Toeholds and Takeovers

Nuffield College, Economics Working Paper No. 1998-W4&121; and CRSP Working Paper No. 405

34 Pages Posted: 16 May 2000

See all articles by Paul Klemperer

Paul Klemperer

University of Oxford - Department of Economics; Centre for Economic Policy Research (CEPR)

Ming Huang

Cornell University - Samuel Curtis Johnson Graduate School of Management

Jeremy Bulow

Stanford University; National Bureau of Economic Research (NBER)

Multiple version iconThere are 2 versions of this paper

Date Written: February 1998

Abstract

Part ownership of a takeover target can help a bidder win a takeover auction, often at a low price. A bidder with a toehold bids aggressively in a standard ascending auction because its offers are both bids for the remaining shares and asks for its own holdings. While the direct effect of a toehold on a bidder's strategy may be small, the indirect effect is large in a common value auction. When a firm bids more aggressively, its competitors face an increased winner's curse and must bid more conservatively. This allows the toeholder to bid more aggressively still, and so on. One implication is that a controlling minority shareholder may be immune to outside offers. The board of a target may increase the expected sale price by allowing a second bidder to buy a toehold on favorable terms, or by running a sealed bid auction.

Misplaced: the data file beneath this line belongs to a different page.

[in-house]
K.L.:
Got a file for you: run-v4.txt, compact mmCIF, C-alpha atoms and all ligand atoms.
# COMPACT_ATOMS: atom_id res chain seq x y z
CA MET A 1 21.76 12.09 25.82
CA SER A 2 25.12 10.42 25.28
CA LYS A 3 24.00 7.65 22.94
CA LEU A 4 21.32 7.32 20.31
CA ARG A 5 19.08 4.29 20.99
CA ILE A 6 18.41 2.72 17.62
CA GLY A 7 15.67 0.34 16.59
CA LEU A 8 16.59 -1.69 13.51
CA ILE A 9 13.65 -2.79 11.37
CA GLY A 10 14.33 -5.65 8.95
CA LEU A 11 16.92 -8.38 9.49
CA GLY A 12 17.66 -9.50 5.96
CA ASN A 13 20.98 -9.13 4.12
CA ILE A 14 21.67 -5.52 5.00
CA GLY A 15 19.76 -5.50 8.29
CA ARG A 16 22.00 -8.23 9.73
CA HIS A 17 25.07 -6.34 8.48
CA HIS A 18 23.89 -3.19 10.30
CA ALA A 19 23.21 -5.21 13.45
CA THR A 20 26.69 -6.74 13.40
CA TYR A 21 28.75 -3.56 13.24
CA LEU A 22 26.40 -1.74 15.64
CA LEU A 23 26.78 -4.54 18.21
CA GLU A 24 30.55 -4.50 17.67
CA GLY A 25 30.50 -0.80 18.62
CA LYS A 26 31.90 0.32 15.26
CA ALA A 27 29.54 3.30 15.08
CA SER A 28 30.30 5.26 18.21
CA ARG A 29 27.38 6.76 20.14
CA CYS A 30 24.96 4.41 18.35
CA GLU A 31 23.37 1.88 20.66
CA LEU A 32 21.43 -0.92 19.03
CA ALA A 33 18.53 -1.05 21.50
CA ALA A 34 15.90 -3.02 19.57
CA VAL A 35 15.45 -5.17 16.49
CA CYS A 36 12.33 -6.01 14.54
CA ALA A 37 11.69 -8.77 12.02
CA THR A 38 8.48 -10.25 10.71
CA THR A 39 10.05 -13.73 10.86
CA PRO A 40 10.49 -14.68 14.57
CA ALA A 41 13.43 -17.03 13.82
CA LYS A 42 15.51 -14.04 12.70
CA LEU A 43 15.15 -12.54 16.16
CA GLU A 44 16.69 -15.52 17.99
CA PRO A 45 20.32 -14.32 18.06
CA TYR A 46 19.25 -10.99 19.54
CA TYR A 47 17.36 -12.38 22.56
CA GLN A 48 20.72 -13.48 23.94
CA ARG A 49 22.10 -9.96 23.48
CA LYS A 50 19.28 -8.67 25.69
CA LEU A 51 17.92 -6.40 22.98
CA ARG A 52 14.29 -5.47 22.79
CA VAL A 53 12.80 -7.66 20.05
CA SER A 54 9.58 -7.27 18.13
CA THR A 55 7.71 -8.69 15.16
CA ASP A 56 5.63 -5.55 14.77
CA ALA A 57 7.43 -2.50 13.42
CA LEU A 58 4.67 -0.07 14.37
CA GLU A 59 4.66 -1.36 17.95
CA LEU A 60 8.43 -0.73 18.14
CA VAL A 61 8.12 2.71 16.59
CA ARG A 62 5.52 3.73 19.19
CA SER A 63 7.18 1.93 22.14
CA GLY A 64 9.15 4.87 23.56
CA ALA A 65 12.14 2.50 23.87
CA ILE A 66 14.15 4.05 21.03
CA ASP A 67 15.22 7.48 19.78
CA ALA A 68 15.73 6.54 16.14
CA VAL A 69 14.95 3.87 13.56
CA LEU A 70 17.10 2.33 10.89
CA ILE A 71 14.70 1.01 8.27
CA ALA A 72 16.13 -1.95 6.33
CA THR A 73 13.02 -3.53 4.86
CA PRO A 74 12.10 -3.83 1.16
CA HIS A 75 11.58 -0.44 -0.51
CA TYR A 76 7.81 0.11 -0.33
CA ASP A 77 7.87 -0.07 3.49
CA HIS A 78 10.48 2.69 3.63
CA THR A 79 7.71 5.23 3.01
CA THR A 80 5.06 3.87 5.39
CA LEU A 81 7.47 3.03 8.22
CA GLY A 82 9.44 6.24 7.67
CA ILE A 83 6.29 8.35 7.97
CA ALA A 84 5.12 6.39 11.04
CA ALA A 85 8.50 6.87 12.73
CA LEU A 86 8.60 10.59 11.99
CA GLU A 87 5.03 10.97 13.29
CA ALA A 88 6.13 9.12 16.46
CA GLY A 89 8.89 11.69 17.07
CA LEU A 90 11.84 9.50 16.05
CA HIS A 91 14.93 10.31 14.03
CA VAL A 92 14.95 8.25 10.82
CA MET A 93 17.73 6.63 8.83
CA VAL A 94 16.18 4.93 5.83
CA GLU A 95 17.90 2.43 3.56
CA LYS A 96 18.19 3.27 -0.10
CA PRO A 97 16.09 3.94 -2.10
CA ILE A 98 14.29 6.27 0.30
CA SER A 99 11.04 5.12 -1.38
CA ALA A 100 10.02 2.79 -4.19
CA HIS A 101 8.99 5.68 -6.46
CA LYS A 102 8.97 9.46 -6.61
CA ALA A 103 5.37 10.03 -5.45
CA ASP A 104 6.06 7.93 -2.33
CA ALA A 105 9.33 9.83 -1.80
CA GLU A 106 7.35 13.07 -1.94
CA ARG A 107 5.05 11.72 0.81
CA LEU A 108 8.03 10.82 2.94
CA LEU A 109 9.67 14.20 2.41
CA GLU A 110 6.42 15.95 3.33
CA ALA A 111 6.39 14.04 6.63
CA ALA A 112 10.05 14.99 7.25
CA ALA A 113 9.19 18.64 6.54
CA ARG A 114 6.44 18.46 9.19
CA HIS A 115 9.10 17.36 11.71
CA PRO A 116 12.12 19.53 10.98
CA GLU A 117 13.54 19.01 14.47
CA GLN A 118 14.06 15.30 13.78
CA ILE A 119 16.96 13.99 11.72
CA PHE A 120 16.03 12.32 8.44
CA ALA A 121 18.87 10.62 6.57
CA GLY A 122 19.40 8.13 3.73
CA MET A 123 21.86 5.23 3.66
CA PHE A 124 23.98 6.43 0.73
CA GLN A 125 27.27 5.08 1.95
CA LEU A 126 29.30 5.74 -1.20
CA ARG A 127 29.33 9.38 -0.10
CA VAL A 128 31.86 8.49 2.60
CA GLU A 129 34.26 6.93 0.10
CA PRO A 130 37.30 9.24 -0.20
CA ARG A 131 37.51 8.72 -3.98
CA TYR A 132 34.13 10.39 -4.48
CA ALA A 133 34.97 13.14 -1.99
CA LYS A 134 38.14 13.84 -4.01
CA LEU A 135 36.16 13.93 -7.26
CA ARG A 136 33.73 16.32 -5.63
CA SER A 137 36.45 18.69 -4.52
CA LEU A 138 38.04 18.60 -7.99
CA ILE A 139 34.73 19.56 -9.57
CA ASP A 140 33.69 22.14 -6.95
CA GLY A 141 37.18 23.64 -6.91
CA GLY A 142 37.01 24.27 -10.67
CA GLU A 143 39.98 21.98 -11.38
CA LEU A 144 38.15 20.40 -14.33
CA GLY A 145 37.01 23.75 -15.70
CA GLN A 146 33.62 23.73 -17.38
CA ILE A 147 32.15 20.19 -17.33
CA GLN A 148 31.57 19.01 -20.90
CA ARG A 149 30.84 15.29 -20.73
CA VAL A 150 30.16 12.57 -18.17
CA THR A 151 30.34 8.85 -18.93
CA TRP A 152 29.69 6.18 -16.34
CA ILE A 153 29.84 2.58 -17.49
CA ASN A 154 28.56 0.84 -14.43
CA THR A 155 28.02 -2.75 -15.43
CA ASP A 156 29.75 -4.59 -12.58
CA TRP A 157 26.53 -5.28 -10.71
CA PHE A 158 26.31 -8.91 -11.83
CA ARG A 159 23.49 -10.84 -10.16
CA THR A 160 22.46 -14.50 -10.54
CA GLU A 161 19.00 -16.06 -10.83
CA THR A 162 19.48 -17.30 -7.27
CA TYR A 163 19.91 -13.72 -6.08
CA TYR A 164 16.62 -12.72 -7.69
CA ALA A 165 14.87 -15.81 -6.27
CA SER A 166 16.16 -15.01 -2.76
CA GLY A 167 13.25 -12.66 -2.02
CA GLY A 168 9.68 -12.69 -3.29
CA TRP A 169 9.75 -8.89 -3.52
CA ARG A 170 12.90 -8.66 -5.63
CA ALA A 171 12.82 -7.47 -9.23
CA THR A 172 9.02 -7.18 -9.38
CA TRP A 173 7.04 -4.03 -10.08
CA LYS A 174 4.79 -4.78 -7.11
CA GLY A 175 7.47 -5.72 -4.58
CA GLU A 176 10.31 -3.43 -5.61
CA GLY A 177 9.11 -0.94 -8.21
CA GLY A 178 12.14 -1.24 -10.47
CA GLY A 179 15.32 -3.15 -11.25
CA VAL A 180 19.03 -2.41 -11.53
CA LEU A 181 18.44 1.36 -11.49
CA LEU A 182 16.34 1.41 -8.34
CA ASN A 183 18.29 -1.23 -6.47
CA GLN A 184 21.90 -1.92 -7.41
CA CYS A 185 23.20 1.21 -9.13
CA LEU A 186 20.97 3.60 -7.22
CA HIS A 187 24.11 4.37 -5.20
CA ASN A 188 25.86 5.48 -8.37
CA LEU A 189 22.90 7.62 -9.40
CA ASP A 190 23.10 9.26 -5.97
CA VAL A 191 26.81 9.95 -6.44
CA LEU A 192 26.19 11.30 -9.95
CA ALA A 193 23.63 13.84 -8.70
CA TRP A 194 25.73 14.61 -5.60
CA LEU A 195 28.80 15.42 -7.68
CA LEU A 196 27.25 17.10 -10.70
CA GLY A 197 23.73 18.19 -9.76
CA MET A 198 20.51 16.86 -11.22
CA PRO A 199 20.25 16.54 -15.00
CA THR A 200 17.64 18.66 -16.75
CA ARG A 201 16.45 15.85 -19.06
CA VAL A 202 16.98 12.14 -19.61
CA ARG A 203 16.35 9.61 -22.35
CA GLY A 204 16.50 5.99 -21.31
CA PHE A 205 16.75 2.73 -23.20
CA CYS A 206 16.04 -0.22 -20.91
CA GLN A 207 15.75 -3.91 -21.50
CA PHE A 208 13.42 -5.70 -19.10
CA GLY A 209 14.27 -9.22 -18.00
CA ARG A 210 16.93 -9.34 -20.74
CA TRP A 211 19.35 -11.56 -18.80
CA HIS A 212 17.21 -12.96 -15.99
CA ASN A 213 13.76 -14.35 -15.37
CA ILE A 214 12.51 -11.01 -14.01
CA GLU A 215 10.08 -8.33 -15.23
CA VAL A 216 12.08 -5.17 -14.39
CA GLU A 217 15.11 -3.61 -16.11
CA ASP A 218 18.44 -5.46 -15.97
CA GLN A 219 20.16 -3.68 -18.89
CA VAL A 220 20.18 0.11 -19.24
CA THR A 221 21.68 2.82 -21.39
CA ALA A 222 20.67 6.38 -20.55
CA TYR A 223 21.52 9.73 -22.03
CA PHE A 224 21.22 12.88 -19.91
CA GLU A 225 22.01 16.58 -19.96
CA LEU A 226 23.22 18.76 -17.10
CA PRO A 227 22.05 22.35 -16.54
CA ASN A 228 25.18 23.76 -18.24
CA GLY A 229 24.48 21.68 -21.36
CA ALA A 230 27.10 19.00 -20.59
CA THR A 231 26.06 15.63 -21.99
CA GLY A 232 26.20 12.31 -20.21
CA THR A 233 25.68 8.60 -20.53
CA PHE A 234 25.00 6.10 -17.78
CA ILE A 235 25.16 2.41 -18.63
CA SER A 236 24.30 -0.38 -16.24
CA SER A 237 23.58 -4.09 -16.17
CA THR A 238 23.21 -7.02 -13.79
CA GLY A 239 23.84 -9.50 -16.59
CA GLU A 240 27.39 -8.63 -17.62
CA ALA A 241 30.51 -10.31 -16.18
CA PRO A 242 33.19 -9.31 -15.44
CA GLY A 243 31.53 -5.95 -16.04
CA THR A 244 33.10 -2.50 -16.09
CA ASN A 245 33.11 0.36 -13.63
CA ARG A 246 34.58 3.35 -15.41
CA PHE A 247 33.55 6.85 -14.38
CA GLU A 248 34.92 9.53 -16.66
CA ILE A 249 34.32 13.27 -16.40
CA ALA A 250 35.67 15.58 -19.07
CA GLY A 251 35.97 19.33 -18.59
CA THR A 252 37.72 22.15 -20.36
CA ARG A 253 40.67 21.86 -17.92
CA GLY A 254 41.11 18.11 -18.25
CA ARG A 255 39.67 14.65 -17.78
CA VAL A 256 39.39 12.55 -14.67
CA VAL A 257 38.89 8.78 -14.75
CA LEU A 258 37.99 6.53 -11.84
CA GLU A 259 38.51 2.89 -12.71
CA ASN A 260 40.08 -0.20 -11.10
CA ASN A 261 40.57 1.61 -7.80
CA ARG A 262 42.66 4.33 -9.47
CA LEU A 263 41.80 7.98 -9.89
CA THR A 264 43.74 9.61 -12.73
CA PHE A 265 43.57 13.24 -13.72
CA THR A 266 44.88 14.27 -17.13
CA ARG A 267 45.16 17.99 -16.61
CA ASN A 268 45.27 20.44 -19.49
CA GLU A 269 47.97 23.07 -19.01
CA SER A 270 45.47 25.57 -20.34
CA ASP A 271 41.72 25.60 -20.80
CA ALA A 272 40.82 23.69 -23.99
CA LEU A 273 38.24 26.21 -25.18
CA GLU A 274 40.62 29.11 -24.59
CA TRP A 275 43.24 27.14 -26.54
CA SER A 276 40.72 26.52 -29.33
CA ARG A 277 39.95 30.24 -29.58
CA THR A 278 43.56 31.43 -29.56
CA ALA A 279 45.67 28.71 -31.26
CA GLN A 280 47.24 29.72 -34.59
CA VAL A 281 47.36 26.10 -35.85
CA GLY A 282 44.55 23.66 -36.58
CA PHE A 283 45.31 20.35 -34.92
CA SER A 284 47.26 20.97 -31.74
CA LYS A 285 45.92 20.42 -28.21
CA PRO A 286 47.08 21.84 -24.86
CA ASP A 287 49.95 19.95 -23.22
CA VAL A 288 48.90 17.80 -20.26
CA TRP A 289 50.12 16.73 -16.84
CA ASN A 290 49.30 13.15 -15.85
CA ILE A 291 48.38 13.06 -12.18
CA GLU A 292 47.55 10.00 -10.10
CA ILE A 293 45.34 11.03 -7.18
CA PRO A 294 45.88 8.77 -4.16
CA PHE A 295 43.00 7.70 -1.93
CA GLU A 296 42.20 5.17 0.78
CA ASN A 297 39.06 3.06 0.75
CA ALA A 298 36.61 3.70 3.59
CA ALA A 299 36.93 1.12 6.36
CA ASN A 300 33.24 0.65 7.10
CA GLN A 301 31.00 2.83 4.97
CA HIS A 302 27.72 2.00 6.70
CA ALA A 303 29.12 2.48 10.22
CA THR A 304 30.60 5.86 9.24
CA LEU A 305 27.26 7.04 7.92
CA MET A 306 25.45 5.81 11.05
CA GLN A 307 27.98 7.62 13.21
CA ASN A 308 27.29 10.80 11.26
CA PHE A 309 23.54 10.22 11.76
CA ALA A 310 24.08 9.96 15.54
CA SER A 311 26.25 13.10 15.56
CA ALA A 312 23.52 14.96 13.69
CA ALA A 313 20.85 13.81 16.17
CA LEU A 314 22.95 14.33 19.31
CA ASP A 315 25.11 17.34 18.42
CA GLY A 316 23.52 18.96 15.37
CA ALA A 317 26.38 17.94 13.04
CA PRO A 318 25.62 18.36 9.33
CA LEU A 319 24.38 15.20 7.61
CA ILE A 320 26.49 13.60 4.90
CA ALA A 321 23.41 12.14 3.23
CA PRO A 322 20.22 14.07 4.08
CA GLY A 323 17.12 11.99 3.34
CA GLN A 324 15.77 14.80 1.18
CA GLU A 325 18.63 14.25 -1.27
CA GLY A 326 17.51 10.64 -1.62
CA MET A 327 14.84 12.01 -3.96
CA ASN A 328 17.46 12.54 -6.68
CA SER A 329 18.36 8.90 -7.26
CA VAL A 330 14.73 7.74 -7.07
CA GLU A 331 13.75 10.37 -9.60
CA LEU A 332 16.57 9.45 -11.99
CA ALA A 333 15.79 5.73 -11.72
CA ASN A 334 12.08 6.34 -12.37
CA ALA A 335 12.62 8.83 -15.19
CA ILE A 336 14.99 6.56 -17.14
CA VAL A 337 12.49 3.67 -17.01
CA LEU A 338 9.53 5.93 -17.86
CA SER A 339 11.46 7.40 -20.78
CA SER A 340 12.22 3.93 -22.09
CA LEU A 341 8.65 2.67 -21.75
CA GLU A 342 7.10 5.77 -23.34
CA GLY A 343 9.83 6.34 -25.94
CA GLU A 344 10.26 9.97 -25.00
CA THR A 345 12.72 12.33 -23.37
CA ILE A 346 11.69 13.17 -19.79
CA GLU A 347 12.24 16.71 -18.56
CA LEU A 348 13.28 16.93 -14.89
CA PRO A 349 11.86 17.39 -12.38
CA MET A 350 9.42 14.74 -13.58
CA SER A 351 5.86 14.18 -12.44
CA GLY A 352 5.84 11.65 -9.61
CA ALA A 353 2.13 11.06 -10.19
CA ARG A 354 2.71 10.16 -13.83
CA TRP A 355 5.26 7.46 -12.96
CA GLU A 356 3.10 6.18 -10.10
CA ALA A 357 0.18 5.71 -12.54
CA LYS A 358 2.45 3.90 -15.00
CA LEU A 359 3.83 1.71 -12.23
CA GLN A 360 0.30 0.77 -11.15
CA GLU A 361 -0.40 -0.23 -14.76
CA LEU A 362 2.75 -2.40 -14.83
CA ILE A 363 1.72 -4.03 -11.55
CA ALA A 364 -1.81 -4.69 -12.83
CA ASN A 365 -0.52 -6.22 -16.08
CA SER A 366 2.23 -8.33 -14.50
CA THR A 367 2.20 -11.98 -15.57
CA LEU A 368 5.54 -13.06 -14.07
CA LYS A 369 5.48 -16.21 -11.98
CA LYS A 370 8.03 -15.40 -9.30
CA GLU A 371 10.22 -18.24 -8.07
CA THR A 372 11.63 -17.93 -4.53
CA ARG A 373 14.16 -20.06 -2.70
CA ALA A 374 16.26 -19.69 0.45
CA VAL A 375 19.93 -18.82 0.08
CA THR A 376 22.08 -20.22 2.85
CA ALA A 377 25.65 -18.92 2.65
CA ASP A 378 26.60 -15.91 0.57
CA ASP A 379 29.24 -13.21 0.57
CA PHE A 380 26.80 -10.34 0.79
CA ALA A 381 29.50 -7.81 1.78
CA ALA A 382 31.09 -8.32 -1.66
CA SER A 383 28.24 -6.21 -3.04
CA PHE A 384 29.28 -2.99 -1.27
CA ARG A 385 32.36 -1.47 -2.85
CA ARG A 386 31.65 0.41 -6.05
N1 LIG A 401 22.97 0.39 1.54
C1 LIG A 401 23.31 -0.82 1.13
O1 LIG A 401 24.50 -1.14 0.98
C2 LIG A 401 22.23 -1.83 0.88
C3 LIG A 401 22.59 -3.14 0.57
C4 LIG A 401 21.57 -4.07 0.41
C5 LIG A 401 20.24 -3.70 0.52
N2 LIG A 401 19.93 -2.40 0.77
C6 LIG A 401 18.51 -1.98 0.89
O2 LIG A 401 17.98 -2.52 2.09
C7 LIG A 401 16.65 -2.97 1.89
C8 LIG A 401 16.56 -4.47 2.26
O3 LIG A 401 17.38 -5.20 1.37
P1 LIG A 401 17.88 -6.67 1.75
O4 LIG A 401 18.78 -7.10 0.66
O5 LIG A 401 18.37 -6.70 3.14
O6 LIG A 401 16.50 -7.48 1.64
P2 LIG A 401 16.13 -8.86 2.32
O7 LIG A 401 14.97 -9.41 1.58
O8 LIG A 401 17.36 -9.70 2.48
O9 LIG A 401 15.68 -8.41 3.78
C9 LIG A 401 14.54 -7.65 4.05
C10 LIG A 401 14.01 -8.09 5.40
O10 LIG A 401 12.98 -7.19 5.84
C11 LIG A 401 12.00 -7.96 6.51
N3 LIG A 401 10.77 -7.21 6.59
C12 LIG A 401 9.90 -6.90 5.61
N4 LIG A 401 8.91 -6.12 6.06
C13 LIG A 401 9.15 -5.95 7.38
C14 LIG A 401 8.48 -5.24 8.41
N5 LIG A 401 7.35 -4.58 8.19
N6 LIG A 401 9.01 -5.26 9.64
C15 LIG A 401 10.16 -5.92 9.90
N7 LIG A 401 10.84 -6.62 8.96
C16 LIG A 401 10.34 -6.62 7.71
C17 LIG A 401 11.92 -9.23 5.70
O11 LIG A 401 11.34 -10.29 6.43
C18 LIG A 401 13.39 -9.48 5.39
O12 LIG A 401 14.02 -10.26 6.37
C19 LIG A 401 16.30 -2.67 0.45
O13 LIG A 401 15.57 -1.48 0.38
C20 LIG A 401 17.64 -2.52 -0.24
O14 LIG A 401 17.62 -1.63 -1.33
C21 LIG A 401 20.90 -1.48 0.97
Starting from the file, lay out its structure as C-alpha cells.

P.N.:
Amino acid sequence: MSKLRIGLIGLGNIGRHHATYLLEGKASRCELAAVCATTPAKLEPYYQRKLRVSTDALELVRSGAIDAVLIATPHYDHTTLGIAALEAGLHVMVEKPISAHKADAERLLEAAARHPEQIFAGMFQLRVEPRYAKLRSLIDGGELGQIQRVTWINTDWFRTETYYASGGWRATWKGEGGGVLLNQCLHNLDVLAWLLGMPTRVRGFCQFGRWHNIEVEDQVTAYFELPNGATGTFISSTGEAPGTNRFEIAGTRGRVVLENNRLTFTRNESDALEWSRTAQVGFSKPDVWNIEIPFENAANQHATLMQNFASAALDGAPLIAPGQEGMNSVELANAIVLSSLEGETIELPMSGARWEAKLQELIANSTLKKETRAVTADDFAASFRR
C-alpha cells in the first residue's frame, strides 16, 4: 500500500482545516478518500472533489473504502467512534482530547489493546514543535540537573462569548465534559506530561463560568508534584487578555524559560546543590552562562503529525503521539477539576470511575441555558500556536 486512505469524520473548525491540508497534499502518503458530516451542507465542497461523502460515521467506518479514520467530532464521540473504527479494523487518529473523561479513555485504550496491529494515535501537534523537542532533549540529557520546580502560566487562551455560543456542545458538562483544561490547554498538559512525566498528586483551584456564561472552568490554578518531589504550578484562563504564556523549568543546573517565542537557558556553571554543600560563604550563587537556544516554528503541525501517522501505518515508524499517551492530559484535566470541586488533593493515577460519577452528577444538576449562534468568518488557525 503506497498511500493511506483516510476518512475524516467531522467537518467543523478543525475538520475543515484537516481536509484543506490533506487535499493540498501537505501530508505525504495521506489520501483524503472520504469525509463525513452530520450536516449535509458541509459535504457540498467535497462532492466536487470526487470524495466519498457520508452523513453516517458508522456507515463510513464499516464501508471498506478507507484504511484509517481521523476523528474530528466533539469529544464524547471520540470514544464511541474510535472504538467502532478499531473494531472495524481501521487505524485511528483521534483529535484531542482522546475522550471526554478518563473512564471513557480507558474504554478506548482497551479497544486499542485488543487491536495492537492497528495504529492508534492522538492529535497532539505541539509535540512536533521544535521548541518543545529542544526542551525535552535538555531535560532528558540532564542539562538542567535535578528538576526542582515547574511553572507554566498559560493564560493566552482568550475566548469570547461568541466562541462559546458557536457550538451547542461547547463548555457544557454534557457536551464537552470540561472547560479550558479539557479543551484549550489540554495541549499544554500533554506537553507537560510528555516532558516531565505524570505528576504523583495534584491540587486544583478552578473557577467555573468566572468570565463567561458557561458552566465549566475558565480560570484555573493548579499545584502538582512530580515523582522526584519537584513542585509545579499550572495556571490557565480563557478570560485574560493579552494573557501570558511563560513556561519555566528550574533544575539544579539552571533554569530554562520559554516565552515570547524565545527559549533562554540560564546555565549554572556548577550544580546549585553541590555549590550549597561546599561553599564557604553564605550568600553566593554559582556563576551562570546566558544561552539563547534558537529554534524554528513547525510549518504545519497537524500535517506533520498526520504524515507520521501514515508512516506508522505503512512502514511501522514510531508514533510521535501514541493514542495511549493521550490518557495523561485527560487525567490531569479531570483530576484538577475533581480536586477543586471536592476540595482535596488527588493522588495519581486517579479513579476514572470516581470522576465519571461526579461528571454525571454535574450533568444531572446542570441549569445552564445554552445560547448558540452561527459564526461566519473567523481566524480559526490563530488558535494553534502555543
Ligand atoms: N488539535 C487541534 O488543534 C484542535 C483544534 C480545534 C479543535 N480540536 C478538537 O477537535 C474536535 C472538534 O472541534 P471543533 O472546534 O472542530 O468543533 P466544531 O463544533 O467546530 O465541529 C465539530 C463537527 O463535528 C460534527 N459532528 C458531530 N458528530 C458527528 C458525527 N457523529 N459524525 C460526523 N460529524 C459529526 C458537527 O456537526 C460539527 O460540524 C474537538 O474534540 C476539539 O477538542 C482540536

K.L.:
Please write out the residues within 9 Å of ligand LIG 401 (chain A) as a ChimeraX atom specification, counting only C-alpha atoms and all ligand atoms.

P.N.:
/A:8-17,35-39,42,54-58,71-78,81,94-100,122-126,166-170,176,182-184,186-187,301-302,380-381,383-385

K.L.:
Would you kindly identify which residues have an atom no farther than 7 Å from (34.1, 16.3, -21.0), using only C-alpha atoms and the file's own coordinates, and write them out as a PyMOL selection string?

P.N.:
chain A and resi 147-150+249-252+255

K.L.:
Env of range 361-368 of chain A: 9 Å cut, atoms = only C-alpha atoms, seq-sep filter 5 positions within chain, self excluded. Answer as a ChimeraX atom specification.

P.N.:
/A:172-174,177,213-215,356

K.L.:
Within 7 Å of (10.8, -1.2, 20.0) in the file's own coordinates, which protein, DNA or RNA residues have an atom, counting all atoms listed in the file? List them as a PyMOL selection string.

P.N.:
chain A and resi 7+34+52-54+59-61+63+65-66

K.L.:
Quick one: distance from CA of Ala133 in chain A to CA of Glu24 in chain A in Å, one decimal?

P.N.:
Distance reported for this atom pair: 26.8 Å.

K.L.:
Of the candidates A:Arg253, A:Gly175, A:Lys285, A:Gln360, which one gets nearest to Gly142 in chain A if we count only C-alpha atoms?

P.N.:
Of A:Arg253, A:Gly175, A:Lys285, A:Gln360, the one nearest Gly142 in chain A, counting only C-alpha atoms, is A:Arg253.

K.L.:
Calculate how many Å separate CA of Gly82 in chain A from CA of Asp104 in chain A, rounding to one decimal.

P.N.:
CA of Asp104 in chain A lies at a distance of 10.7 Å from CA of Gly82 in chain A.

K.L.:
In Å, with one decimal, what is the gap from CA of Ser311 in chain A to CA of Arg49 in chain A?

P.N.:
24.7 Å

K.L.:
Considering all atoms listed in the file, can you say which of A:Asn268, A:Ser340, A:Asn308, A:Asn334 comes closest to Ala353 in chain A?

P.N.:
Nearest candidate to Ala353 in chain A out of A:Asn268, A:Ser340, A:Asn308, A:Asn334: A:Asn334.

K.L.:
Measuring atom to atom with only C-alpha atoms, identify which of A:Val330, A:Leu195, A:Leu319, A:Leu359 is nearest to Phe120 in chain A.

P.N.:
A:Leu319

JEL Classification: G34, D44, G30

Suggested Citation

Klemperer, Paul and Huang, Ming and Bulow, Jeremy I., Toeholds and Takeovers (February 1998). Nuffield College, Economics Working Paper No. 1998-W4&121; and CRSP Working Paper No. 405. Available at SSRN: https://ssrn.com/abstract=160888 or http://dx.doi.org/10.2139/ssrn.160888

Paul Klemperer (Contact Author)

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Ming Huang

Cornell University - Samuel Curtis Johnson Graduate School of Management ( email )

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Jeremy I. Bulow

Stanford University ( email )

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National Bureau of Economic Research (NBER)

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